4 So Naaman told the king what the young girl from Israel had said. 5 “Go and visit the prophet,” the king of Aram told him. “I will send a letter of introduction for you to take to the king of Israel.” So Naaman started out, carrying as gifts 750 pounds of silver, 150 pounds of gold,[b] and ten sets of clothing. 6 The letter to the king of Israel said: “With this letter I present my servant Naaman. I want you to heal him of his leprosy.”

7 When the king of Israel read the letter, he tore his clothes in dismay and said, “Am I God, that I can give life and take it away? Why is this man asking me to heal someone with leprosy? I can see that he’s just trying to pick a fight with me.”

8 But when Elisha, the man of God, heard that the king of Israel had torn his clothes in dismay, he sent this message to him: “Why are you so upset? Send Naaman to me, and he will learn that there is a true prophet here in Israel.”

9 So Naaman went with his horses and chariots and waited at the door of Elisha’s house. 10 But Elisha sent a messenger out to him with this message: “Go and wash yourself seven times in the Jordan River. Then your skin will be restored, and you will be healed of your leprosy.”

11 But Naaman became angry and stalked away. “I thought he would certainly come out to meet me!” he said. “I expected him to wave his hand over the leprosy and call on the name of the Lord his God and heal me! 12 Aren’t the rivers of Damascus, the Abana and the Pharpar, better than any of the rivers of Israel? Why shouldn’t I wash in them and be healed?” So Naaman turned and went away in a rage.

13 But his officers tried to reason with him and said, “Sir,[c] if the prophet had told you to do something very difficult, wouldn’t you have done it? So you should certainly obey him when he says simply, ‘Go and wash and be cured!’” 14 So Naaman went down to the Jordan River and dipped himself seven times, as the man of God had instructed him. And his skin became as healthy as the skin of a young child, and he was healed!

15 Then Naaman and his entire party went back to find the man of God. They stood before him, and Naaman said, “Now I know that there is no God in all the world except in Israel. So please accept a gift from your servant.”

16 But Elisha replied, “As surely as the Lord lives, whom I serve, I will not accept any gifts.” And though Naaman urged him to take the gift, Elisha refused.

17 Then Naaman said, “All right, but please allow me to load two of my mules with earth from this place, and I will take it back home with me. From now on I will never again offer burnt offerings or sacrifices to any other god except the Lord. 18 However, may the Lord pardon me in this one thing: When my master the king goes into the temple of the god Rimmon to worship there and leans on my arm, may the Lord pardon me when I bow, too.”

19 “Go in peace,” Elisha said. So Naaman started home again.

In this passage, we see that Naaman, a great hero, was used to getting respect, so he was outraged when Elisha treated him like an ordinary person. A proud man, he expected royal treatment. To wash in a great river was one thing, but the Jordan River is not a mighty river – it’s rather puny when compared to the great rivers of the world. Further, not only is it is a small river but the water is also muddy and not clear. To wash in the Jordan, Naaman thought, was beneath a man of his position. Yet, he was suffering from leprosy. He was sick but was letting his pride get in the way. But Naaman had to humble himself and obey Elisha’s commands in order to be healed. Obedience to God begins with humility.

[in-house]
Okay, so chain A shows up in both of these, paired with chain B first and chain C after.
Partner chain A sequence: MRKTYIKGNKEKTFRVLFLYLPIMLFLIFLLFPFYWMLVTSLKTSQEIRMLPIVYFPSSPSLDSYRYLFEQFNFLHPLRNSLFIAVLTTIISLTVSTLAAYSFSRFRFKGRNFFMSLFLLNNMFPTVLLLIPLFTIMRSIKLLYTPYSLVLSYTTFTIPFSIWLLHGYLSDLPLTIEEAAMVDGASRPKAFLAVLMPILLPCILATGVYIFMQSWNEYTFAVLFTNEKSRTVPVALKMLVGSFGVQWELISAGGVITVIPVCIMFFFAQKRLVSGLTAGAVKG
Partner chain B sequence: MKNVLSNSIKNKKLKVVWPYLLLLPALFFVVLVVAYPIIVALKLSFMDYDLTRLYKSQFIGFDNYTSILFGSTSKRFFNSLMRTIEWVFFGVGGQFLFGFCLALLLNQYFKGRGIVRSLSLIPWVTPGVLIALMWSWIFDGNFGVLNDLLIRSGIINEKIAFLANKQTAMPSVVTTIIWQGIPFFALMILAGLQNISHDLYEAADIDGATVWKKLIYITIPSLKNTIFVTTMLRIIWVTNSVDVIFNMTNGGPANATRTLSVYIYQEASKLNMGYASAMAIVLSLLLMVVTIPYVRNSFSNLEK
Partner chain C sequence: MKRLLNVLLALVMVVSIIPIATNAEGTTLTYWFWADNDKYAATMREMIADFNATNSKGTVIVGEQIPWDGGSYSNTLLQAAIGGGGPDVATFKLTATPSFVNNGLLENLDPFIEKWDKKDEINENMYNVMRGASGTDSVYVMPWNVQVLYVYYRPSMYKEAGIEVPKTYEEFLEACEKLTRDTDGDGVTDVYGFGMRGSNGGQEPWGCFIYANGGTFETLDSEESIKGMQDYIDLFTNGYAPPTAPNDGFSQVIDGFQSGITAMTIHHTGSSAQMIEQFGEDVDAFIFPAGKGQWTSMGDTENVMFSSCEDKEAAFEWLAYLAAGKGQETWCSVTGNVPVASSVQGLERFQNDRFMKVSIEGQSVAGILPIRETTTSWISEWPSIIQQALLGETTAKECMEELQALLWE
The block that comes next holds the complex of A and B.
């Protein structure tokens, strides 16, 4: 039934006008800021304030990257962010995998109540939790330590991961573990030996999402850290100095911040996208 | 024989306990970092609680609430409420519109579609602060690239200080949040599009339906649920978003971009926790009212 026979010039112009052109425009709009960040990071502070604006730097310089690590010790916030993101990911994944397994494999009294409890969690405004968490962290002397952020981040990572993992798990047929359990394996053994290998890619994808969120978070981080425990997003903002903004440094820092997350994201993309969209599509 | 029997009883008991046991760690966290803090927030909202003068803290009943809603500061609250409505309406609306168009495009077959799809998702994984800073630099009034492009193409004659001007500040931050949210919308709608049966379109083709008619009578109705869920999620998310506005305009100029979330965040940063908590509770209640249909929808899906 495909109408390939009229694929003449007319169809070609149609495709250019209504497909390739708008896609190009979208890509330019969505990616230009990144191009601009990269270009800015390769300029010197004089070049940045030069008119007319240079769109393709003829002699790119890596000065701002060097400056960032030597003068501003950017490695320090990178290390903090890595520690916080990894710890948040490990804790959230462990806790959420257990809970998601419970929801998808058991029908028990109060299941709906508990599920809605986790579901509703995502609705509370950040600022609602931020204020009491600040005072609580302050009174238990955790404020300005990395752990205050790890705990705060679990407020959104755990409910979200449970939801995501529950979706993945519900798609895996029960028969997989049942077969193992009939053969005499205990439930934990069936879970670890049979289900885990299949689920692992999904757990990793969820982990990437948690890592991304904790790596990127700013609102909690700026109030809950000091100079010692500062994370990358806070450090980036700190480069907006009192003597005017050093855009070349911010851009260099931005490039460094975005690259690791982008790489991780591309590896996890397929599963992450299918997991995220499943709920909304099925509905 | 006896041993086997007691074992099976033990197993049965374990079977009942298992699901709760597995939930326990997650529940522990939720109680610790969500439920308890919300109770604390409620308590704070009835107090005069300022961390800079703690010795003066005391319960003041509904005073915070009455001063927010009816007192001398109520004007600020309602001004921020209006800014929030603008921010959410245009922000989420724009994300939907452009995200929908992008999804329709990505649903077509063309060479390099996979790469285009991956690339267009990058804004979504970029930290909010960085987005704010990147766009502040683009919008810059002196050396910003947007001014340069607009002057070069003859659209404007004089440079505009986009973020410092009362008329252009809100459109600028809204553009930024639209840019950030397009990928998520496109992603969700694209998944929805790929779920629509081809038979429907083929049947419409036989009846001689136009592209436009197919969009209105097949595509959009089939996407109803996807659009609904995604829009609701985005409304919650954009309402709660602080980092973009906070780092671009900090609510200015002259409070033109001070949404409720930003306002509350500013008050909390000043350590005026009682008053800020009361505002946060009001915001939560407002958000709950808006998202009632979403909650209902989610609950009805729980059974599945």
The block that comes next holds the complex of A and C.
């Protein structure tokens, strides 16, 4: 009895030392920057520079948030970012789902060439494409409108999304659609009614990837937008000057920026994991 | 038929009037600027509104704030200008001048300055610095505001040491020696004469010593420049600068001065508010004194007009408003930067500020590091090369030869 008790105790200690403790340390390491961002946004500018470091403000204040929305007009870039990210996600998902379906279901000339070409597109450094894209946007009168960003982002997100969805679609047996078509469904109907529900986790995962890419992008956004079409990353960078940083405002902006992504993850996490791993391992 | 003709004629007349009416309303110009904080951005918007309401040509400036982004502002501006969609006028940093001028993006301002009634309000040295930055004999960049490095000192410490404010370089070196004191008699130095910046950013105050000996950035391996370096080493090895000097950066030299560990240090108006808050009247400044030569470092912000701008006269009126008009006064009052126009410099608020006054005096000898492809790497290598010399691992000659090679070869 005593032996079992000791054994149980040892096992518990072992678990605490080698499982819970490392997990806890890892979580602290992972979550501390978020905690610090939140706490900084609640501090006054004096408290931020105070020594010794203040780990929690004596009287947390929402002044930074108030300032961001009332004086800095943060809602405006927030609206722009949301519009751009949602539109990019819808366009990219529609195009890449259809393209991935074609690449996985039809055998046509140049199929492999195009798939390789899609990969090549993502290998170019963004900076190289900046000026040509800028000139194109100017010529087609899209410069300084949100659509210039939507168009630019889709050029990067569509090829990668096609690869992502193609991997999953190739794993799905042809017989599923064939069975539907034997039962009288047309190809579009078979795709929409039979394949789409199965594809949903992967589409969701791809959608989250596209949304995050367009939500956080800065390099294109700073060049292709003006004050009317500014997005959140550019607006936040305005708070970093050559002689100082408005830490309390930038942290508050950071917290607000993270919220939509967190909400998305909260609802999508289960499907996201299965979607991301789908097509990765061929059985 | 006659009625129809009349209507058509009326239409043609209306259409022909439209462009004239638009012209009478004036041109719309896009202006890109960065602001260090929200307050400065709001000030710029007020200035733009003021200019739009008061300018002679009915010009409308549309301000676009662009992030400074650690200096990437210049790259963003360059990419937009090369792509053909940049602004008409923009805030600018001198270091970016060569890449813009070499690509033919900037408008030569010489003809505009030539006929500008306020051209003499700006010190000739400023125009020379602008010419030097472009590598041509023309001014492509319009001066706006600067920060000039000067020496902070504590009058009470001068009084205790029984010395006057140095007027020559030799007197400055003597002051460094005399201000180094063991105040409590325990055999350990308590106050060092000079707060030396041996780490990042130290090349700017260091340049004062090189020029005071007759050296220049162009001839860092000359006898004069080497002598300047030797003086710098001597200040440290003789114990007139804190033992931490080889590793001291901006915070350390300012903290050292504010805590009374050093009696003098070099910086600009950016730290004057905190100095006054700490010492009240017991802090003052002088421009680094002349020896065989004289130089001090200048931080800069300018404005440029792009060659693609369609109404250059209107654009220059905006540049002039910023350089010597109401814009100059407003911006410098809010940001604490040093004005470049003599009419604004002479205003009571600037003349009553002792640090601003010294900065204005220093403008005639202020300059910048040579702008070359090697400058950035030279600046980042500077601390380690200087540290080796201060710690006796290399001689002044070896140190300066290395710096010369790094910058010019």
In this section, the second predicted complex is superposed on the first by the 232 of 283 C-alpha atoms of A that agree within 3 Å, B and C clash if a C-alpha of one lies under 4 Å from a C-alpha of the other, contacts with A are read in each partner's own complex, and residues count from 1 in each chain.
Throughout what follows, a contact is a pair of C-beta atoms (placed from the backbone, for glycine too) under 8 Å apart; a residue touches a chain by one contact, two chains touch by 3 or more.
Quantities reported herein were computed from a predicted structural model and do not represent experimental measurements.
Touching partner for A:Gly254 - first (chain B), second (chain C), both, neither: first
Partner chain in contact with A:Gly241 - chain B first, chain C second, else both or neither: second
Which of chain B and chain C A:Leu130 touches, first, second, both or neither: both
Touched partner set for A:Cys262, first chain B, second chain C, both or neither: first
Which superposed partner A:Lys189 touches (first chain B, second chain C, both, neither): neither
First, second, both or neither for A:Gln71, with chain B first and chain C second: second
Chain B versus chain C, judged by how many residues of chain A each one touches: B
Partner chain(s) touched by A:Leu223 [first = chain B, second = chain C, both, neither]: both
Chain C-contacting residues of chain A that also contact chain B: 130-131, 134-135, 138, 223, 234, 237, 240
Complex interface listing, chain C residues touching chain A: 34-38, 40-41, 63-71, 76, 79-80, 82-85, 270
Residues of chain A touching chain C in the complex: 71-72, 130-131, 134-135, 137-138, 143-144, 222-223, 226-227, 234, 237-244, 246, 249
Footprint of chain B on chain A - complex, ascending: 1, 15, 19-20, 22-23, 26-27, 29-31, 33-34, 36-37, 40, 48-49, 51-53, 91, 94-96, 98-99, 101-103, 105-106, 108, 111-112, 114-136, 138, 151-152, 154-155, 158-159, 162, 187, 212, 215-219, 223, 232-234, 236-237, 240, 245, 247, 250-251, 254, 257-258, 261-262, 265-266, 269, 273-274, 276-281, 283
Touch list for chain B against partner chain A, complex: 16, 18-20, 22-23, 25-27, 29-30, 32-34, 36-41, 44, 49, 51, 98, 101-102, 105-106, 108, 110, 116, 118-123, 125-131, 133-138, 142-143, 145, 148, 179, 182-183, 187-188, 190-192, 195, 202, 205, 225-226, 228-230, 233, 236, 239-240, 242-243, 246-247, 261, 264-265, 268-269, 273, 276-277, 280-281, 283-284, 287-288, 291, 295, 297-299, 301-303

We must believe that His way is better than our own. We may not always understand His ways of working, but by humbly obeying, we will receive His blessings. We must remember that (1) God’s ways are best since He is God and we are not, (2) God wants our obedience more than anything else, and (3) God can use anything to accomplish his purposes.

Let us, Oh Lord, humble ourselves before you and realize that you are God and we are not. Help us to see that we are your children and You are our Father. Help us to accept your discipline when we need it to grow into the child of God that you want us to become. Help us to lose our pride that prevents us and blinds us from what we need to see in order to grow in our relationship with You. Help us to trust You even in the hard things that you have to teach us about ourselves. Help us to learn so that we can be more useful to you in your Kingdom. Help us to step into the muddy rivers that you ask us to step in even when we think it is beneath our dignity. Help us to realize that everything that we go through is being used by you for our good. Help us to see that even the tough things that you ask us to go through are preparation for what you have prepared for us. Help us to do the things that we don’t want to go through so that we can come out on the other side and see the blessings that you have in store for us.

Amen and Amen.

2 Kings 4:38-44 (Part 2 of 2)

Miracles During a Famine

The parallel is unmistakable when you read the second half of this passage, vv. 42-44. When you read about Elisha feeding the 100 people with only 20 loaves of barley bread and some grain. It bears striking similarity to Jesus feeding the 5,000 with just 5 loaves of bread and 2 fish. Christ’s miracle of feeding the five thousand is unique in that it is the only one that all four gospel writers mention (Matthew 14:13-21; Mark 6:30-44; Luke 9:10-17; John 6:1-14). So this miracle through Elisha is worth noting since Elisha is a man of God but not God in the flesh as is Jesus. What are we to make of this similarity and what are the differences and what is the lesson we learn from this passage?